Horse farms that have enough land have the option of spreading the manure from horses residing on that property. Whether it’s composted first and spread later, or scattered immediately, a manure spreader is a piece of necessary equipment.
Manure spreaders are more streamlined and have fewer options than other equipment, but there are a few key things to consider to make sure you are buying the right one for your facility.
First, think about how you. manage your manure, said Jeremy Tripp, sales representative for United Ag & Turf Northeast. His family’s barn currently has 11 horses and has had as many as 22 in prior years. They load manure into a gator then store it in a pile to spread later.
“In either early spring or after the first cutting of hay, we spread it on the field,” he said. “I use an old tractor with a 225 bushel rear discharge spreader, and I can usually do the whole pile in about 15-20 loads.”
Having a larger spreader allows him to get the big job done quickly.
Typically, an average 1,000-pound stalled horse excretes 50 pounds (or 2 cubic feet) of manure each day. Considering the number of horses you have, how long they are in each day, and the distance to the spreading location helps decide the size spreader that’s a good fit for your farm.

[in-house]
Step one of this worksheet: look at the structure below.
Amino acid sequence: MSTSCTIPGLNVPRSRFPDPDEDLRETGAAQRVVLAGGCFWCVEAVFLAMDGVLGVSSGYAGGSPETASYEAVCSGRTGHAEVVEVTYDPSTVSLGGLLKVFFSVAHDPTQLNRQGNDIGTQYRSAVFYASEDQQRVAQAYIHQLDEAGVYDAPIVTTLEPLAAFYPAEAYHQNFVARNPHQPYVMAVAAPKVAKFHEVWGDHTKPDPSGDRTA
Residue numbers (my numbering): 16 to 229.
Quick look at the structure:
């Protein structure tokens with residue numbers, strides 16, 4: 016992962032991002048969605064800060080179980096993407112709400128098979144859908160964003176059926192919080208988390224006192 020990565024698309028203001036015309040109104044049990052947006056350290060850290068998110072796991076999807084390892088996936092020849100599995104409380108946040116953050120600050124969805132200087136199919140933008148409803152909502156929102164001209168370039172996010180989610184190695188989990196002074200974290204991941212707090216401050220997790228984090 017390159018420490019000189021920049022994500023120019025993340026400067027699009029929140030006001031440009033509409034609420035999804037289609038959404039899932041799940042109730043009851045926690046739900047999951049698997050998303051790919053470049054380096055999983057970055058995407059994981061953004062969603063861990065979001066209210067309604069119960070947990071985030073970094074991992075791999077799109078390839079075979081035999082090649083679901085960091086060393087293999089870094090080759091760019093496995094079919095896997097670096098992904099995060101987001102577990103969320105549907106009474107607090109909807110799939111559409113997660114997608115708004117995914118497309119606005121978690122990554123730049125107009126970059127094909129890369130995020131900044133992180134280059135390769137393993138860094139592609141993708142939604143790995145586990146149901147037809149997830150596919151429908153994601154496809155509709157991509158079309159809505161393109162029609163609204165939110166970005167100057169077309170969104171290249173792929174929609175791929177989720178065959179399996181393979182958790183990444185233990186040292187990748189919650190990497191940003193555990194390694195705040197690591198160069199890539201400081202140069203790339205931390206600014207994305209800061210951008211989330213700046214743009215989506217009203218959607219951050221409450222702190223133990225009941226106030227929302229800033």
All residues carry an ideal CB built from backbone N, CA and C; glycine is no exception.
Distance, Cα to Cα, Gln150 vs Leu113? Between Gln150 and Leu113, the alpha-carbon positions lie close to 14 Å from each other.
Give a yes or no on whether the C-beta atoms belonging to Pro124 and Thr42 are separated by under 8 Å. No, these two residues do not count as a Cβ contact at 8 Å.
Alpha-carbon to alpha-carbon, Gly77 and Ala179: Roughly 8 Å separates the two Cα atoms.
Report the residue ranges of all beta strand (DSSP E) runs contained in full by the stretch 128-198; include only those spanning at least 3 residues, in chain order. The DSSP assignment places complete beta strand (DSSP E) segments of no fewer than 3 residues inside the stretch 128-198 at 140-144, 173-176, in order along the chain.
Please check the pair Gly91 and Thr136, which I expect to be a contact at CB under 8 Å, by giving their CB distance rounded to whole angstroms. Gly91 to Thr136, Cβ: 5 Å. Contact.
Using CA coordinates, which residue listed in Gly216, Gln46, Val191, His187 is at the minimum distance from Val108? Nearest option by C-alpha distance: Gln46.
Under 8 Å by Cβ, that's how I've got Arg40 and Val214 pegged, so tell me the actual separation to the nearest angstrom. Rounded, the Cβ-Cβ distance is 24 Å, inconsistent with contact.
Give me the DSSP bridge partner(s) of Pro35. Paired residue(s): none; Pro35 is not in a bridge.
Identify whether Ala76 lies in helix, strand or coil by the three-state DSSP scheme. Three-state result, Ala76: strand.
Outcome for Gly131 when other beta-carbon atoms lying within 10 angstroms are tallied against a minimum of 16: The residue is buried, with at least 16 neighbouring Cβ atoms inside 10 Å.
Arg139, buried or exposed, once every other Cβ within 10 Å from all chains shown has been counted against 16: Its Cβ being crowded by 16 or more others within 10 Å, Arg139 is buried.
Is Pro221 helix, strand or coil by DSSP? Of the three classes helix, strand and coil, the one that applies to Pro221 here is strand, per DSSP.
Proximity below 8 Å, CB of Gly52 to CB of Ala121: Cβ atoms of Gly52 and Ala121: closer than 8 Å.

“Find a model you like and go one size bigger,” he said.
Horse manure is corrosive. If you plan to allow manure to collect in a spreader for several days or weeks, choose a stainless steel model rather than painted or galvanized metal. Wooden-sided manure spreaders are also an option.
Manure spreaders are divided into two categories: PTO (power-take-off) and ground driven.
A PTO model is connected to the tractor and uses the rotational energy of the tractor engine to operate the chains and beaters that throw the manure out of the spreader. On a ground drive model, it’s the motion of the wheels turning that do the work. Two simple levers make a ground drive model a low maintenance, low-cost option.